E-mail from Australia - Barnbow Ammunitions Works at Crossgates

 

'My husband, Michael Gaunt, has a grandmother who was a ‘Barnbow Canary’. I have written a poem about Margaret Cameron (d1917)and her son John Cameron (d WWI), both from Leeds. We were told by relatives who still live in Leeds about your wonderful Project Inspire website. We thought your school community may wish to read the poem.'

 

This narrative poem is dedicated to the memory of Margaret Cameron who was a Barnbow Canary and died in 1917; also to her son, John Cameron who died at Ypres during WWI.

 

Margaret lived in a back-to-back, one up, one down, with a smoke-caked chimney pot;

the redbrick stack running down from top to bottom, and a cellar below.

It was a damp dump but home nonetheless to her and the hubby,

Our Lad, Lovie, Sis and Babs;

with two lost, twenty-years separating this pair;

and a last (but not least) living infant, numbering five,

who was a cherub, albeit a gulp for the milk

which Margaret was sorry to say had well and truly dried up by then.

It was a dear family life

in spite of the hardship and heartache.

 

Never mind, not one to wallow, she knew how to soldier on.

 

Still, she was struck dumb when her firstborn got the call and strutted off to war,

a load of tin for a hat and a kitbag full.

(A storm of lead would soon come pelting and tearing at him―stop his parading―

only he didn’t know this yet.)

She wept when he left. He was still her little lad,

 

with a life beyond metal and medals...

 

...which decided her to do her bit.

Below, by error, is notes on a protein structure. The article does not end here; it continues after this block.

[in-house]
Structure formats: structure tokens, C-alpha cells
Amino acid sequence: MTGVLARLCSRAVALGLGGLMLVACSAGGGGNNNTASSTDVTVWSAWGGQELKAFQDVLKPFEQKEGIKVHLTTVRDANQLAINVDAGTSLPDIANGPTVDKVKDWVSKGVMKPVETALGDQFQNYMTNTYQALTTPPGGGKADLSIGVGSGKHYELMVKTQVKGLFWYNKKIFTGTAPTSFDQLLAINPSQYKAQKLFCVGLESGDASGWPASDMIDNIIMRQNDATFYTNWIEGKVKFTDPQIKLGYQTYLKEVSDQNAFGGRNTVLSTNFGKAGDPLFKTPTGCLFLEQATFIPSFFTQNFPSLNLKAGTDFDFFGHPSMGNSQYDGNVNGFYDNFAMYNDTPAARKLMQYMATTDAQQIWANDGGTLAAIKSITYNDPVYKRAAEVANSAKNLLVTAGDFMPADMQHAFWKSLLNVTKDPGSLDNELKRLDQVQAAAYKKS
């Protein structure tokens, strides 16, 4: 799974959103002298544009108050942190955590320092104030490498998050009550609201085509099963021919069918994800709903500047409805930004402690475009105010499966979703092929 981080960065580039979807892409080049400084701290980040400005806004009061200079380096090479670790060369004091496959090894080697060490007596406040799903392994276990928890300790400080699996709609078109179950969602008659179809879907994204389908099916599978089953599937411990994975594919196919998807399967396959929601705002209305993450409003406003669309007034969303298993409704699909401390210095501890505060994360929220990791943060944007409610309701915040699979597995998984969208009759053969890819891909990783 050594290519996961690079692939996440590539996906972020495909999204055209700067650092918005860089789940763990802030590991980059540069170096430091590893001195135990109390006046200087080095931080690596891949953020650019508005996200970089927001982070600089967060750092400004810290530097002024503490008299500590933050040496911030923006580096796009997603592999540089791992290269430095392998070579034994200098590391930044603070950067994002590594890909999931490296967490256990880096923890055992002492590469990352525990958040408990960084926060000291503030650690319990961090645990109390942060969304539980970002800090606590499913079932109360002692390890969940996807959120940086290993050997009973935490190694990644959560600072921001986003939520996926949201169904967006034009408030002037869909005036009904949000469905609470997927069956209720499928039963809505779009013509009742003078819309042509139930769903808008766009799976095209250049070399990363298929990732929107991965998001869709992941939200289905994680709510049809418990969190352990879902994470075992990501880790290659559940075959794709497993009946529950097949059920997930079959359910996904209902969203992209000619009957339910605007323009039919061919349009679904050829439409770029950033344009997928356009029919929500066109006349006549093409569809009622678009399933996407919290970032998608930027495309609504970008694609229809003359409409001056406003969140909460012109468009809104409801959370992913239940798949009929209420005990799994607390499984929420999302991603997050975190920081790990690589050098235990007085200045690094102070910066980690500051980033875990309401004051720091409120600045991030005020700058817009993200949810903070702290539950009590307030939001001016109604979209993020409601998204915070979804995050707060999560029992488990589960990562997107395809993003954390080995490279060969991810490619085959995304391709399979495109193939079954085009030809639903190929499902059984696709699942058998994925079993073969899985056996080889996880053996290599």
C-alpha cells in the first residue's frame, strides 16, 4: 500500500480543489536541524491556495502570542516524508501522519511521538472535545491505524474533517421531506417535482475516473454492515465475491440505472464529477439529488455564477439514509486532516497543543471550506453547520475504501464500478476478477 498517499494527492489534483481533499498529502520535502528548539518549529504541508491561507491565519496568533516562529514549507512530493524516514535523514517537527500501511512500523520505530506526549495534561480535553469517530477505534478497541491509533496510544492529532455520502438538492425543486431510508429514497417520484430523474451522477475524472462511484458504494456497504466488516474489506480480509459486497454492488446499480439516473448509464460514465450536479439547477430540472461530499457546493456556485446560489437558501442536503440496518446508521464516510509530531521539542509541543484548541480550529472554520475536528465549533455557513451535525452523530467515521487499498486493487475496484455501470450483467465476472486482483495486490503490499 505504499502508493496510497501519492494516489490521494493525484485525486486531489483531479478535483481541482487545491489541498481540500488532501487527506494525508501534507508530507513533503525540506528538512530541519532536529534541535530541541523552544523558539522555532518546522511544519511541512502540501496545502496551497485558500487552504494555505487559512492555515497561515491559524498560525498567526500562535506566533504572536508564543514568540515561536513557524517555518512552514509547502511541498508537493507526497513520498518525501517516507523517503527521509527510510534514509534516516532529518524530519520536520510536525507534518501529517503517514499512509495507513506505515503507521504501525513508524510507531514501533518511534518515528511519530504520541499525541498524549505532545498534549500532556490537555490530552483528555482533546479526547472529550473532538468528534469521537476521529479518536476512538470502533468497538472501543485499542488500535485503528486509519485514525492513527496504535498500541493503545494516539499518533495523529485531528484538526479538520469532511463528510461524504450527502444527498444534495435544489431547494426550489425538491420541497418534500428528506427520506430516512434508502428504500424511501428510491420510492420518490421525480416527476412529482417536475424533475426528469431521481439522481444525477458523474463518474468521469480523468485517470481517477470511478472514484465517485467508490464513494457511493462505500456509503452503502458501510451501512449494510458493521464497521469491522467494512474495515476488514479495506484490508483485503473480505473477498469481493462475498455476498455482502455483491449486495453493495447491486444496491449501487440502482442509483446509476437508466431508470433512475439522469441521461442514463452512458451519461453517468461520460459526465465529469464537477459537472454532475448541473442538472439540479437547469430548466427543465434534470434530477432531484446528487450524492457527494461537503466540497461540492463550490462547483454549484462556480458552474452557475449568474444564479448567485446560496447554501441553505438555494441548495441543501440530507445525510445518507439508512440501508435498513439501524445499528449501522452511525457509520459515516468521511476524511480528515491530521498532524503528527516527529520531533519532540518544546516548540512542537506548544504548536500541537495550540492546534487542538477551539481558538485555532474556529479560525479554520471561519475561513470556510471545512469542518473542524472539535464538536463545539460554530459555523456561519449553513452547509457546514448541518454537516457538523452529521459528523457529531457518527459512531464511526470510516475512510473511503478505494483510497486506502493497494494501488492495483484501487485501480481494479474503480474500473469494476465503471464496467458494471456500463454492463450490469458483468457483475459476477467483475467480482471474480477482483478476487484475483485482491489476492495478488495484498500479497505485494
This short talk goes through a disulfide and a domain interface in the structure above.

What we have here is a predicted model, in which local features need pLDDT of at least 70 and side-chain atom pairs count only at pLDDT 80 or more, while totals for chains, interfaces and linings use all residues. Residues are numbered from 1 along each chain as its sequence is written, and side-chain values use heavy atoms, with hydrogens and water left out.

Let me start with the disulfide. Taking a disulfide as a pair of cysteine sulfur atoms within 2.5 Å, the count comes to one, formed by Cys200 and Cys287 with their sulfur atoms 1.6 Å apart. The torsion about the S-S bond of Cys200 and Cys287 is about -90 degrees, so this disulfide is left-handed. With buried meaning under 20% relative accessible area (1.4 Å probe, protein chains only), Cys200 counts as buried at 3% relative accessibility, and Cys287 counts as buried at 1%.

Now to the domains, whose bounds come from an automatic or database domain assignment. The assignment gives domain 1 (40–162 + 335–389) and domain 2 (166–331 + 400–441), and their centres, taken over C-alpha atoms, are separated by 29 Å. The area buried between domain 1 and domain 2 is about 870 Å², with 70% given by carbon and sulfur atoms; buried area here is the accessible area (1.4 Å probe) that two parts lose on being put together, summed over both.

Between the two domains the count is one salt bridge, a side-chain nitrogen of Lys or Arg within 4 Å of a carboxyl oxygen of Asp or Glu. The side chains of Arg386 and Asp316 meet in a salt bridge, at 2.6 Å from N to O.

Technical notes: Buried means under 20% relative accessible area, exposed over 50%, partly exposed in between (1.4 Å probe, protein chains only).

So she lined up with the old pegs (those who’d hobbled back from the Boer),

 

alongside the shuffling women and girls

 

who were already rubbing their aching legs from all the standing and waiting.

 

There, at Barnbow, one of a hundred thousand to apply,

 

she was one of the (lucky) ones in for the 10 p.m. shift.

 

 

Proud as punch she was to be working there,

 

being as the shells would help the Effort,

 

and she could do with the extra to get by― the bonuses:

 

up to twelve pounds a week and a bountiful supply of milk;

 

the herd kept on site providing plenty of cream to lug home for the brood,

 

the youngest, Our Cherub, in particular.

 

Not for any lass (young or old) to scoff at.

 

 

Keeping philosophical, she stripped to her underwear, put on a buttonless smock,

tucked the stray hairs beneath her bonnet and set to work;

although she could have done with a hairpin, which of course was forbidden,

and the rubber-soled clogs did aggravate her corns something cruel.

 

 

In spite of all the inconvenience it was a grand thing to be doing her piece for them lads.

 

 

The lads away at the Front she meant, of course,

who by then were praying and wading through the mud and the stink.

Dodging fragments of bone. A hand, an arm, a face blown apart.

The fear of hell in their shell-shocked eyes.

The lads who lit up in a flash, hot white, as they dropped rifle and bayonet.

The lads who were falling back from the lingering gas,

while its stinging and burning made a mash of their nerves and their flesh.

The lads who lay low, white knuckled―

one eye on the enemy,

 

one eye on the pistol primed from one of their own

(one in the spout, the trigger slack, for one in the chest or one in the head)

in case they changed their mind, refused point blank to go over the top.

 

Our Lad, she meant, of course,

 

in the dug-out with his best pal slung over his back.

 

 

Margaret kept her chin up, doing her best, passing the days (or in her case the ‘nights’)

priming and fusing each and every shell to be sent to the Salient and the Somme.